Overlapping Surgery and the Golden Rule
When considering patients for surgery, most if not all neurosurgeons ask themselves, at some point, what they would want done for themselves or for their loved ones. Not a few patients and families ask the same question and for good reason. While the question doesn’t guarantee an honest answer, few of us would not give one.
Planning more than one elective operation to take place at the same time has many different names, as neatly summarized in this article, “The Many Definitions of Concomitant Surgery.” For brevity’s sake, I will cover only the topic of “overlapping surgery” in this article. Neurosurgeons schedule overlapping operations so that they can finish their operative day before 11 p.m., get at least some sleep, have time for non-clinical work (be it research, administrative responsibilities, etc.) and still maintain a “life” (crazy, right?). This is a worthy goal. There may be benefits to resident and fellow education that result, or not, as discussed in this issue’s Patient Safety article entitled “Concurrent Surgeries: Providing the Best Care to Patients,” but these are “fringe benefits” to performing overlapping surgery.
The “Golden Rule” is ubiquitous around the world, with slightly differing emphases that reflect the language and culture in which it is expressed. It always reflects the principle of “do unto others as you would have others do unto you.” Planning overlapping surgery is as good an arena to put this rule to the test as any. Would you be willing to undergo an operation knowing that your surgeon would not be giving your whole procedure his or her undivided attention?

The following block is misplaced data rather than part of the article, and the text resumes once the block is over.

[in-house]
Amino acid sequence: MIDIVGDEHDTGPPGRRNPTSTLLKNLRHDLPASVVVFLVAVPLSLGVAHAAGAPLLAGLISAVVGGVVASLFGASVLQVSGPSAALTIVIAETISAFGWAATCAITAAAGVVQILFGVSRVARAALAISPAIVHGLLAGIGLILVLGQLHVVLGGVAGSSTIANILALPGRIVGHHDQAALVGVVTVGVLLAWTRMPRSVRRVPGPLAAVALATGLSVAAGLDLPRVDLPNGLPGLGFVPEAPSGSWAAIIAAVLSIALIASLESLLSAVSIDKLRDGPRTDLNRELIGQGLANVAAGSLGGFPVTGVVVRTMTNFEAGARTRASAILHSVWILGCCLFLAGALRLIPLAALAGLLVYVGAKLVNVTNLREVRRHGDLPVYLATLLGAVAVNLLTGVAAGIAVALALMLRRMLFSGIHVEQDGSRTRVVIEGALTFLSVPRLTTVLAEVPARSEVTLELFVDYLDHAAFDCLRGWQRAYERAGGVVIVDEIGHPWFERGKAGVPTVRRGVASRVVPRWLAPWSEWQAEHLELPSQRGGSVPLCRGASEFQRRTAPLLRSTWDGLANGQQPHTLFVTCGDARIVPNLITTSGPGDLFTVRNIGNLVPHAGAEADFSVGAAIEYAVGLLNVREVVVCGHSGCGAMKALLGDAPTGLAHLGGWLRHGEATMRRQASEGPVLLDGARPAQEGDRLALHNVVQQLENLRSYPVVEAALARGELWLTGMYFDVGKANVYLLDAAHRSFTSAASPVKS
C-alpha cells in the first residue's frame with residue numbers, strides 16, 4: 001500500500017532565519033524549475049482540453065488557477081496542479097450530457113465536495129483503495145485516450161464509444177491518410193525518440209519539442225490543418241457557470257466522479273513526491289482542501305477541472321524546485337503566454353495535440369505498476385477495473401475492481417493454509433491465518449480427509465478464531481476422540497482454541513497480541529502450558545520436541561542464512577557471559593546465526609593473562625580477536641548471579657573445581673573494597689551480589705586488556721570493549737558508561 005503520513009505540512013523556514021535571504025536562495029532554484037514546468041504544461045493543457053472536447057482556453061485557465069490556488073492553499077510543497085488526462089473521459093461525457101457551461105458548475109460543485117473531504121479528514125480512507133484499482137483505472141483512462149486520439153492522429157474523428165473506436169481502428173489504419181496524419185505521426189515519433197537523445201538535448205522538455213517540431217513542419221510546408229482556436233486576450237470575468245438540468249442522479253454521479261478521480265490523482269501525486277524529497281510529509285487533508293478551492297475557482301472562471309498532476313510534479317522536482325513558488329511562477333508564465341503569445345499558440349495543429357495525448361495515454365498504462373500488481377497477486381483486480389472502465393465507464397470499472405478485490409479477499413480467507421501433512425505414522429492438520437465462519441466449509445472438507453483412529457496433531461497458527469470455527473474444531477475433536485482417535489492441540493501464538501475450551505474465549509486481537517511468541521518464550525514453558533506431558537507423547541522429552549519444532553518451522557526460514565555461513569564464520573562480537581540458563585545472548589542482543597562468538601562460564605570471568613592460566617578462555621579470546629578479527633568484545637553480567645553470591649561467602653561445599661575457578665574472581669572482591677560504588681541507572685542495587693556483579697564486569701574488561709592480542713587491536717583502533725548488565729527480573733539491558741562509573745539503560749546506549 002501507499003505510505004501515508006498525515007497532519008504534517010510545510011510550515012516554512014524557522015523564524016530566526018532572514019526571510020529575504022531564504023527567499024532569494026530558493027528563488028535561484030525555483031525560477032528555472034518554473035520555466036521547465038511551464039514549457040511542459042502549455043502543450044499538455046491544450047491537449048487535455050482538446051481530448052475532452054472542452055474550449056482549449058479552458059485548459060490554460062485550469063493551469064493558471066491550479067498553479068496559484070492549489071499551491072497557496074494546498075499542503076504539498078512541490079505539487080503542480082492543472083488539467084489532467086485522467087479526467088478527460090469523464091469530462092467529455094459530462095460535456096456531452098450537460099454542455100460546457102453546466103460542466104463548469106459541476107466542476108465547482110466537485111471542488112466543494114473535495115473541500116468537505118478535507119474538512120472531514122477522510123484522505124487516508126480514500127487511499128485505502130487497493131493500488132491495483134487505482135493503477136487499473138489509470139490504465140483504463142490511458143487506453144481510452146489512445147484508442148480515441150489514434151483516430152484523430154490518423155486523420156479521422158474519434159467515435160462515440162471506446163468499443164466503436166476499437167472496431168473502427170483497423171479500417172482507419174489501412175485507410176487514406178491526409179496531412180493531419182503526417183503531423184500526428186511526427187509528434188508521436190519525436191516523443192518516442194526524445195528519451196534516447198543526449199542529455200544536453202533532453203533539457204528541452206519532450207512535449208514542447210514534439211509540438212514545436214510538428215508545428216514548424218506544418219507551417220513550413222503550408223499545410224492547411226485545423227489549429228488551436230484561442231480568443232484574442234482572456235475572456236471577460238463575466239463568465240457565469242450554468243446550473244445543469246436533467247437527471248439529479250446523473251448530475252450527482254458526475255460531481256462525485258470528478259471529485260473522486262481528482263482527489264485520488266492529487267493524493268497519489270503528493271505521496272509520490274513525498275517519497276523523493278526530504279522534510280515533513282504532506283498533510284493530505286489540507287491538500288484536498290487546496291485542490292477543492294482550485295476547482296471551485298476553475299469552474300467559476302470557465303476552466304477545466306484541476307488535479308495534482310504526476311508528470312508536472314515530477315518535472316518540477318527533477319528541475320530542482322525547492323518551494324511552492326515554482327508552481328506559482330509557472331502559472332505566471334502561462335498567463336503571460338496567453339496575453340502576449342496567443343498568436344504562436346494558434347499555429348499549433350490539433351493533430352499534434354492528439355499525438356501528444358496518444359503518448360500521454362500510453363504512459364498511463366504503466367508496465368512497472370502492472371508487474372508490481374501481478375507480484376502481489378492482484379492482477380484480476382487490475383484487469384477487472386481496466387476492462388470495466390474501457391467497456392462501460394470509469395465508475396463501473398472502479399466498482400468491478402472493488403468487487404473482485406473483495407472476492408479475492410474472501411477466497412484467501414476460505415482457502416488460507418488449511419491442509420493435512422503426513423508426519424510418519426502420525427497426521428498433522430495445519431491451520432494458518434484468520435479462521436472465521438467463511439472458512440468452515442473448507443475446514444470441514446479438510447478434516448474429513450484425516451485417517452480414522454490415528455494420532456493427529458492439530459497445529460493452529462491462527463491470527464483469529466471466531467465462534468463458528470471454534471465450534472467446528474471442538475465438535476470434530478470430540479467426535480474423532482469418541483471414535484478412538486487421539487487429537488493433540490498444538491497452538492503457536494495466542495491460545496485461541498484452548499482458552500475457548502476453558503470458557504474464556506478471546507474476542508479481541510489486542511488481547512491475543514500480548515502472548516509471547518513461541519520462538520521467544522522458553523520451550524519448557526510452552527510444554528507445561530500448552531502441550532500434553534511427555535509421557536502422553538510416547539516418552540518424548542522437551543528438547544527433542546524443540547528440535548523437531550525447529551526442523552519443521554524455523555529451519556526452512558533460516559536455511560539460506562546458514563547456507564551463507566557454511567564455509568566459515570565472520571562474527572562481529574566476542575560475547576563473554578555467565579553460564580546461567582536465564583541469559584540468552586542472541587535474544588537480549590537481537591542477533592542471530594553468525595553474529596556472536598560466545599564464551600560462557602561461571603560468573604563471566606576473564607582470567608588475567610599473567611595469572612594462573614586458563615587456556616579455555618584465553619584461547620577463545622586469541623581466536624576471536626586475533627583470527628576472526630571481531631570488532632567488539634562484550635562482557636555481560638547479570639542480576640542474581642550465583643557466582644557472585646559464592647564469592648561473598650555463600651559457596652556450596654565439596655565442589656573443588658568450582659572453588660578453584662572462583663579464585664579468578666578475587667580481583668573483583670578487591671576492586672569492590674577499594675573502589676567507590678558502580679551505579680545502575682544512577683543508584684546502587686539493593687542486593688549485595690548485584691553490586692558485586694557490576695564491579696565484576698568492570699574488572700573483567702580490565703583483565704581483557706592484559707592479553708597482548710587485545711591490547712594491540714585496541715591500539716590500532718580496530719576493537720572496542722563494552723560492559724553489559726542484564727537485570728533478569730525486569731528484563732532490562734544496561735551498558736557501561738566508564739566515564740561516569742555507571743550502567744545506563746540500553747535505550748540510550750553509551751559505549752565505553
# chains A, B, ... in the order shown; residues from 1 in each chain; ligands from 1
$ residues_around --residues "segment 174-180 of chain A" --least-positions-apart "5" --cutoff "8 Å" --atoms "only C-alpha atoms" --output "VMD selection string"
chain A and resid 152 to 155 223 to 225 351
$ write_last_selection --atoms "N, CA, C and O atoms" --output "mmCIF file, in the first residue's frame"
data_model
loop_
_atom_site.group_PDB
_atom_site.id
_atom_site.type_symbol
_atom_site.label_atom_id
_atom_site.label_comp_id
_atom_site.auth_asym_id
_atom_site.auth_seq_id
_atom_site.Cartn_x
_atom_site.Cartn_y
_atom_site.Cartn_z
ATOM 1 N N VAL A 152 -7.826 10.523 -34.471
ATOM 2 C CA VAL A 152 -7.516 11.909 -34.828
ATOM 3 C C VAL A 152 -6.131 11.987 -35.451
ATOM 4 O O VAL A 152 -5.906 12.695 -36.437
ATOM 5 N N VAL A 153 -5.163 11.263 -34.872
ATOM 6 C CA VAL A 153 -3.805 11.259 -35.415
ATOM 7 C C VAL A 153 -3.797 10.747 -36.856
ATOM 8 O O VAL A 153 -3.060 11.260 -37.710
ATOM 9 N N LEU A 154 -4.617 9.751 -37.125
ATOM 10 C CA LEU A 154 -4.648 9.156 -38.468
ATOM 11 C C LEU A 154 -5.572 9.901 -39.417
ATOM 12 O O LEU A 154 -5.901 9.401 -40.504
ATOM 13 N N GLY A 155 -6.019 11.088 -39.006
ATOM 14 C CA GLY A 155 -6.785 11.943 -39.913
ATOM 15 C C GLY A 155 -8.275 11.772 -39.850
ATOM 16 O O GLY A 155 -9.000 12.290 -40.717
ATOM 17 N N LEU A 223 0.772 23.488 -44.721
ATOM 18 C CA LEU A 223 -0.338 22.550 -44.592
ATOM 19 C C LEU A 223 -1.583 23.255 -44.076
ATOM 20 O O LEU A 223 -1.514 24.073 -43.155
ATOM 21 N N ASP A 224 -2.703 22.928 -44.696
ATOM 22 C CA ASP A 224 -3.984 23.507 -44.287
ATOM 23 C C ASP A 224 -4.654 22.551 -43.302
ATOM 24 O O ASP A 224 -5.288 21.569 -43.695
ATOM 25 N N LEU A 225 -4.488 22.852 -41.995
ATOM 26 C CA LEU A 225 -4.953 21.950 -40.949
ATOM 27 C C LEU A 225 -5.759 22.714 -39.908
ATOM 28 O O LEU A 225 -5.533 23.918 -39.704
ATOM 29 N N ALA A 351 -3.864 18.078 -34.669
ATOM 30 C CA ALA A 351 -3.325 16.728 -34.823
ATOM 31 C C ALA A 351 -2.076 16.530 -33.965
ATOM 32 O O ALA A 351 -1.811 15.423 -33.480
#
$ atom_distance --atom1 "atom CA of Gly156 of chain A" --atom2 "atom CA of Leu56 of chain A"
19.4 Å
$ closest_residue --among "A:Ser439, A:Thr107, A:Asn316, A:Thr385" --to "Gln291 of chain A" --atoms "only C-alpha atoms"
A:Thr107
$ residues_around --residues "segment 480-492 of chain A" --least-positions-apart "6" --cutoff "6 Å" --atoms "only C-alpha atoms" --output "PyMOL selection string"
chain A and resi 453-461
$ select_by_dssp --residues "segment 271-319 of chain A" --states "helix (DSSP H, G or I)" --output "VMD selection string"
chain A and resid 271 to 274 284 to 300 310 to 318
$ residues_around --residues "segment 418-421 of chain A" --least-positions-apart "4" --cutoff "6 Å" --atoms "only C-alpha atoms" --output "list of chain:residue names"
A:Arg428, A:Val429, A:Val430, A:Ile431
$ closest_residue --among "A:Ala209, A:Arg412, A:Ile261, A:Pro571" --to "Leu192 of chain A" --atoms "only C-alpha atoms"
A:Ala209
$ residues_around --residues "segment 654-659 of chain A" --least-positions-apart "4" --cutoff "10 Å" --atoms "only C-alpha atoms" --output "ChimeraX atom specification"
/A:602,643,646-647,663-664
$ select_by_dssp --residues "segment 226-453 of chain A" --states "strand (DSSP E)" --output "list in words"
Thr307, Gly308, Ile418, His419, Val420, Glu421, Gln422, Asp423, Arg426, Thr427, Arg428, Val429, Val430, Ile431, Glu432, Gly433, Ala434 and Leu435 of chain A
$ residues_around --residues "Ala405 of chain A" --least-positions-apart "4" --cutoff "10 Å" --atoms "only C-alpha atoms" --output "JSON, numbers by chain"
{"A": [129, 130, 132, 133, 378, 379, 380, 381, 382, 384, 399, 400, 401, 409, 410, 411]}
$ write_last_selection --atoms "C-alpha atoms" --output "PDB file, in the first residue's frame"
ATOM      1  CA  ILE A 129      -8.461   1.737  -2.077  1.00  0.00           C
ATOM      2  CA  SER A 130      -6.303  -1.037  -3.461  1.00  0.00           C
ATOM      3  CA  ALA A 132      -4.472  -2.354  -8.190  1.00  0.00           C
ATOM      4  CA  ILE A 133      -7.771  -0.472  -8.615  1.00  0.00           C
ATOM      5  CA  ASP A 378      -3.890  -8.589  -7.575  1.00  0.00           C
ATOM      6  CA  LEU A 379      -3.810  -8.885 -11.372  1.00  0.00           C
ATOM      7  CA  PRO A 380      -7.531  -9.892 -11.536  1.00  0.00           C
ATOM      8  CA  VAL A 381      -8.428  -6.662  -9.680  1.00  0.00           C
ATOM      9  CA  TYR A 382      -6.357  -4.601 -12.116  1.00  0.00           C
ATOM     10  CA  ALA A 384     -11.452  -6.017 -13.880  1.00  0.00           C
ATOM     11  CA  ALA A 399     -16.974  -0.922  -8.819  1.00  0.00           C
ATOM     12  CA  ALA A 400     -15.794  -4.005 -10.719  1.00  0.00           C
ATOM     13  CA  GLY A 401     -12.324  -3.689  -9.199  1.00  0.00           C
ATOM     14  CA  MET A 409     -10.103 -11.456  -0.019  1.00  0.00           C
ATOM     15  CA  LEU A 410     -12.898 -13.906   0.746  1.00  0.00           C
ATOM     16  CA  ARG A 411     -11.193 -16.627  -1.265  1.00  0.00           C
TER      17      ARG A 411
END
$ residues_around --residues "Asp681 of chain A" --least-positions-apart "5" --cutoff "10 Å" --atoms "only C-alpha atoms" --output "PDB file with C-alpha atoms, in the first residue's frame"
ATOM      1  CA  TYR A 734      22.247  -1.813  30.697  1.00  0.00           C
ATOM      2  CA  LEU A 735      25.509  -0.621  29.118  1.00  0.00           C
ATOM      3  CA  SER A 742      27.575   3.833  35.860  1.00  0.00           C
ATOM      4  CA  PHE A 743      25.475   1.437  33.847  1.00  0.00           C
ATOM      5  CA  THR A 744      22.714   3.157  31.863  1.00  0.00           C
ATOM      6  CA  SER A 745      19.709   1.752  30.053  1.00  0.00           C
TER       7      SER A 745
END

Michael T. Lawton, MD, FAANS, makes a convincing case for the benefits of overlapping surgery in his article entitled, “Point: In Defense of Overlapping Surgery at Academic Medical Centers.” If residents or fellows will be doing the opening and closing of a complex surgical case anyway, why not avail yourself of the services of an experienced expert? Does it really matter so much if, for some period of time, that attending neurosurgeon’s name is featured on two rooms of the OR board, as long as he or she is there for the key parts of the case?
There, indeed, is the rub. What are the “key parts?” What about things going awry during the “routine” part of surgery, such as a wrong spine level exposed or a misplaced craniotomy? If the attending chose to exclude himself from the room so as to give the resident “a long leash,” knowing that he or she could “fix the problem” should one arise, that is one thing. But, if he or she could not be in the room because a simultaneous case became unexpectedly complicated, how can that be justified? Review “Counterpoint: Concurrent? Overlapping? Simultaneous Surgery? A Question of Informed Consent” for a look at the other side of the argument.
Of course, there are now multiple studies that demonstrate that there is no increased surgical risks related to properly planned overlapping surgery. A patient may in fact be better off in expert hands running two rooms than in a room where a relatively inexperienced surgeon is present the whole time. But this may be an example of the difficulty of applying statistics to individual cases. How can you know that during your surgery there will not be a problem in the other room that will leave a resident stranded, without the supervision of that revered neurosurgeon you traveled so far to see? Read the articles that address this dilemma in the current issue. I hope you will find some answers and come up with some good questions, as well.
With this issue, I conclude my tenure as the editor of AANS Neurosurgeon, a job I have enjoyed immensely. I would like to thank everyone who has contributed to the publication over the last seven years and eased the transition to an online format. In particular, I would like to acknowledge the enormous support of AANS staff including Manda Seaver, John Iwanski, Deborah Cassell, Lisa Schroeder, Becky Artz and Terra Miller. Thanks a ton, and here’s to my friend, Deborah L. Benzil, MD, FAANS, who will make AANS Neurosurgeon even better in the years to come!
GOODMAN Oral Board Preparation Course Tumor
Nov. 1-3, 2017; Glendale, Ariz.
Washington University/St. Louis Children’s Comprehensive SEEG Course
Aug. 10-12, 2017; St. Louis
Tennessee Neurological Society Annual Meeting
Aug. 11-12, 2017; Nashville, Tenn.
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